“We often have to put things into place and put conversations into context,” LeHew said. “Kilroy—this was the emoji of the 1940s.” When visiting the National Mall or any NPS park, he encourages people to “keep an open mind and explore the unexplored.”

If You Go

LOCATION 900 Ohio Drive SW, Washington, DC, 20024 | HOURS 24 hours a day | THINGS TO DO Visiting monuments and memorials, attending programs and activities, taking guided tours, running, biking, golfing, tennis, paddle boating, swimming, and fishing | BIGGESTATTRACTION Memorials such as Lincoln, Jefferson, WWII, Vietnam, Korean, and Dr. Martin Luther King Jr. | BEST-KEPT SECRET 150 smaller reservations, circles, fountains, and park spaces over 1,000 acres of green space in DC | WANT MORE? Visit nps.gov/nama/index.htm

Seneca Creek State Park 

It was purely coincidental that JoAnn Schimke ’79 purchased a home on the edge of Seneca Creek State Park in Gaithersburg, Maryland, but it has certainly been a happy accident. As a park regular since 1984, she started volunteering four years ago and is now a member of the Friends of Seneca State Park.

“It’s a really nice park in a pretty urban environment. It provides an opportunity to unwind, refresh your spirit, and enjoy nature.”

If You Go

Location 11950 Clopper Road, Gaithersburg, MD, 20878 | SUMMER HOURS 8:00am to sunset, March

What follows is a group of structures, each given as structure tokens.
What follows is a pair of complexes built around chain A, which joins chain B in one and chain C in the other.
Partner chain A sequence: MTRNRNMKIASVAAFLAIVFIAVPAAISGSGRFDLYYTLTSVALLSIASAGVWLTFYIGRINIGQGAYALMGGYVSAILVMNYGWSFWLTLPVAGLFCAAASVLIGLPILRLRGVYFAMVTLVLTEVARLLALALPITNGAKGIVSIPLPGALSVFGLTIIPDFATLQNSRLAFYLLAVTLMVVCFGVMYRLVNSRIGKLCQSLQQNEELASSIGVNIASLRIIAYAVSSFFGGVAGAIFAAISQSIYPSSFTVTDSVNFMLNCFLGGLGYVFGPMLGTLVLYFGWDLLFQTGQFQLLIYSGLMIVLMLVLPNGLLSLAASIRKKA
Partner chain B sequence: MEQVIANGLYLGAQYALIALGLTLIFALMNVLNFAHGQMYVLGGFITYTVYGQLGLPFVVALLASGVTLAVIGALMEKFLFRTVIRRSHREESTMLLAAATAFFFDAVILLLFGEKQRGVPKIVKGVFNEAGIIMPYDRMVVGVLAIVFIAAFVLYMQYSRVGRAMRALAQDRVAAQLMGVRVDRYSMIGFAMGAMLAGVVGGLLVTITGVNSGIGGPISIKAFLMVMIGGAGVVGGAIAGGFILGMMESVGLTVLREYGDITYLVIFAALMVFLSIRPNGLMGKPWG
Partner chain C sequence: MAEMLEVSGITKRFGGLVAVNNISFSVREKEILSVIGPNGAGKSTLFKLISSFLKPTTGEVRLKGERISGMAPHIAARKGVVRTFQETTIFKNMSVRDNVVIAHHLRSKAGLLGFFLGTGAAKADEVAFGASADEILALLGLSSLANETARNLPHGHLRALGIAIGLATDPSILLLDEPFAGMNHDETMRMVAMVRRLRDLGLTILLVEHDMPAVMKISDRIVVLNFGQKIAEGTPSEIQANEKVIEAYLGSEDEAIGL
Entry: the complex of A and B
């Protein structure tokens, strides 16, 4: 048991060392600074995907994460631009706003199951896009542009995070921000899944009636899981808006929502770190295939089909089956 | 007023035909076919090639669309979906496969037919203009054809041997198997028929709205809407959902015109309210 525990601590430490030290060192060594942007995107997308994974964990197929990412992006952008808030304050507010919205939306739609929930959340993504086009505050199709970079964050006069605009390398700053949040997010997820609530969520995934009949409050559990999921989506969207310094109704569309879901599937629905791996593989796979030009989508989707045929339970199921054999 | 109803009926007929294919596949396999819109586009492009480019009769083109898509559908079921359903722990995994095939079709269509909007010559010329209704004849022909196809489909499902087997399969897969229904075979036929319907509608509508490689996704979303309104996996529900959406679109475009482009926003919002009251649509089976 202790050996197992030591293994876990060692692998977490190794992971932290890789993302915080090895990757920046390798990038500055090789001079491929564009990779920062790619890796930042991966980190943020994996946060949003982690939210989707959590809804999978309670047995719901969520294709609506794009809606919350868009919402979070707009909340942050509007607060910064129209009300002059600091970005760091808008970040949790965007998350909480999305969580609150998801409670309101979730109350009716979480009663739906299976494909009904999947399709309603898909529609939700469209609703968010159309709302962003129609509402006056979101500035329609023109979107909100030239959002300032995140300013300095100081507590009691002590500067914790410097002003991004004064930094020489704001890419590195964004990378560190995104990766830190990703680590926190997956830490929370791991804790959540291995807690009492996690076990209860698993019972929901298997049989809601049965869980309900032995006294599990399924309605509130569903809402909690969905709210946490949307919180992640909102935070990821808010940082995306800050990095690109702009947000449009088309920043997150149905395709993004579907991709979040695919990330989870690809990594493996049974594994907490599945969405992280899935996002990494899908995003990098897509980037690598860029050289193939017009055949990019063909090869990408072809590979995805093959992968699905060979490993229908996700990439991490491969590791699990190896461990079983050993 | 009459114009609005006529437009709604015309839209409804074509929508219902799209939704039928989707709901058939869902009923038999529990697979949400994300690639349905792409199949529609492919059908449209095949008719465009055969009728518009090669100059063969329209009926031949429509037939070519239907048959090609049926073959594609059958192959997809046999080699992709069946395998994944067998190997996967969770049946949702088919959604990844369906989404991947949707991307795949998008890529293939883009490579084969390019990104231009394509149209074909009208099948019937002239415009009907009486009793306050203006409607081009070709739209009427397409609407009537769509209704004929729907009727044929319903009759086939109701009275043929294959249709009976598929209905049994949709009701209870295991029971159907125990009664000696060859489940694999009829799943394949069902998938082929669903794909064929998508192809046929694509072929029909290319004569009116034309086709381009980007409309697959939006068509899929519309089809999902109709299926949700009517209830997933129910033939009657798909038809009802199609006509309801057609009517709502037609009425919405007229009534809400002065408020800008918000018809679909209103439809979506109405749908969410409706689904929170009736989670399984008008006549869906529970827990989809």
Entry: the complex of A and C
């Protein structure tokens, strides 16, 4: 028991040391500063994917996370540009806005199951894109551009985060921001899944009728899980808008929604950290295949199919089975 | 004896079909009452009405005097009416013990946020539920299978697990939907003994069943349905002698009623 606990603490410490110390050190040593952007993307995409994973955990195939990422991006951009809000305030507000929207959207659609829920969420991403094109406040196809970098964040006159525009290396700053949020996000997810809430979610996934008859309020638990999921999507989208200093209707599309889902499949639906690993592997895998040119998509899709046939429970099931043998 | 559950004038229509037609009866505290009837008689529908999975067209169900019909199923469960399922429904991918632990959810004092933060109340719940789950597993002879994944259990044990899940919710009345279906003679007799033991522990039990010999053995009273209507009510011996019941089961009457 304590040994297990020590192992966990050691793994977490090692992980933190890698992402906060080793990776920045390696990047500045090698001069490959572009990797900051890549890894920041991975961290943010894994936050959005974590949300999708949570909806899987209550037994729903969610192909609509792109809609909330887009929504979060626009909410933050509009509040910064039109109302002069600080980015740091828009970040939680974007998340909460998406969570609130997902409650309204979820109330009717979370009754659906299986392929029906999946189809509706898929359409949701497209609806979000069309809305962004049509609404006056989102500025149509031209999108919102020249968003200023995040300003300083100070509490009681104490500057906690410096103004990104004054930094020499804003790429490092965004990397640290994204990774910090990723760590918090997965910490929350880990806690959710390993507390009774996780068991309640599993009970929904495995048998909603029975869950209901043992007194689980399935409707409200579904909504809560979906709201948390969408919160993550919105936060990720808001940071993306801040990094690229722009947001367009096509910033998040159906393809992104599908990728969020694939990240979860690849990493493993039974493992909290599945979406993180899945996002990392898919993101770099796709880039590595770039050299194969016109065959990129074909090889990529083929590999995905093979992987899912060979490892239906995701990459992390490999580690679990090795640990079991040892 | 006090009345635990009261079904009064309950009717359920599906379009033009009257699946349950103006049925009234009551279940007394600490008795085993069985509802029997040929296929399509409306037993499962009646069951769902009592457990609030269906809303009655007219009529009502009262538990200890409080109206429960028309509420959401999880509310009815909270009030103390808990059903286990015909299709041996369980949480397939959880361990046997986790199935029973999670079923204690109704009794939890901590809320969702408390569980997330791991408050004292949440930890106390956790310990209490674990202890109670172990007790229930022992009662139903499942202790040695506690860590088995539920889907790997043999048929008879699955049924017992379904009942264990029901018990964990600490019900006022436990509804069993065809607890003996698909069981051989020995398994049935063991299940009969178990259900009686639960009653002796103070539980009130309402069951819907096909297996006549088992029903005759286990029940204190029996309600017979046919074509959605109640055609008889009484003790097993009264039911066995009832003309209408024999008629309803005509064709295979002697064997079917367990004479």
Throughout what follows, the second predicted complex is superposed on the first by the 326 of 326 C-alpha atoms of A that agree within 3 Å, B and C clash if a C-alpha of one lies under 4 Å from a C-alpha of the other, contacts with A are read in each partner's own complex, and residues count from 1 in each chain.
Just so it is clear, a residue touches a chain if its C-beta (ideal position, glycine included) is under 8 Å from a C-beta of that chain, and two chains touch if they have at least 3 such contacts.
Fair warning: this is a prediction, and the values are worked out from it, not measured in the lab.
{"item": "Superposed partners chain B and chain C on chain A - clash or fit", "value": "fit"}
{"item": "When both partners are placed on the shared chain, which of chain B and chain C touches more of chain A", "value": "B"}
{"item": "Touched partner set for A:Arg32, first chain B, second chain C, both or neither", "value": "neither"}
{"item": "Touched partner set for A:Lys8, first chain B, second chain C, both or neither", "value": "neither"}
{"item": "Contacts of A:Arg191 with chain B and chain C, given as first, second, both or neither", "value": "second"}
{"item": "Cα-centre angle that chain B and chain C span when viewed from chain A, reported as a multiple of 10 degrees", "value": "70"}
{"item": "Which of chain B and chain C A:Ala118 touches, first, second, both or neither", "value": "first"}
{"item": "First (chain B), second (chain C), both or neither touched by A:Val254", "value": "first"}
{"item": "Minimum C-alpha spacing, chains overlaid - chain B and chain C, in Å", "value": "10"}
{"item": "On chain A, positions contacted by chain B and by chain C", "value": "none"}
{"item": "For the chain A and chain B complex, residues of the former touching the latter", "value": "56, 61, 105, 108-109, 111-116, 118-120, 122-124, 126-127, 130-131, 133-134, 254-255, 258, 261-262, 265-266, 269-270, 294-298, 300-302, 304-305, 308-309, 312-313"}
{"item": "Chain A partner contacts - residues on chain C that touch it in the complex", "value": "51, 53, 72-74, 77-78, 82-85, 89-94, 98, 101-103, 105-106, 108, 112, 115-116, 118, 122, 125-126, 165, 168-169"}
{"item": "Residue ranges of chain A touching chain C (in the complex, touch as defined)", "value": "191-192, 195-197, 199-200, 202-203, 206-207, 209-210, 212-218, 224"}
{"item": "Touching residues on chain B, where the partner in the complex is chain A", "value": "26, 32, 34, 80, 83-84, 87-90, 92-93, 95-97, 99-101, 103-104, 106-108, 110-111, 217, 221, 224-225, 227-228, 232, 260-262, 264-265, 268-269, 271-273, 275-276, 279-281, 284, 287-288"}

through October | THINGS TO DO Picnicking, boating, hiking, playgrounds, disc golf, biking, fishing, history, hunting, horseback riding, events, and educational programming | BIGGEST ATTRACTION Winter Lights holiday display |
BEST-KEPT SECRET Parts of The Blair
Witch Project were filmed in Seneca
Creek in 1999 | WANT MORE? Visit dnr2.maryland.gov/publiclands/Pages/central/seneca.aspx

Schimke regularly uses the park for hiking, biking, kayaking, and dog walking. As a volunteer, she picks up trash along the shoreline while kayaking in the lake, mans the information desk, and works park events by providing information about the Friends of Seneca Creek.

The 6,300-acre gem is an outdoor playground for city dwellers. With fifty miles of trails and the ninety-acre Clopper Lake, Schimke said Seneca provides an activity to fit every interest level.

Special weekend events draw runners, families, and dog walkers. Free children’s activities explore wildlife or offer crafts. One particularly popular event is Seneca Creek’s Winter Lights holiday display, Schimke said, attracting carloads of visitors who view different holiday-themed lights between Thanksgiving and New Year’s Eve. “I’ve seen people come through in limos and kids looking at displays through their parents’ popped up sunroof.”

During the warmer summer months or the brisk holiday weather, Schimke said Seneca Creek provides a haven from busy city life. “It’s not a big park by any means in Maryland, but people need the ability to go somewhere and relax, be in nature, and renew the soul and spirit.”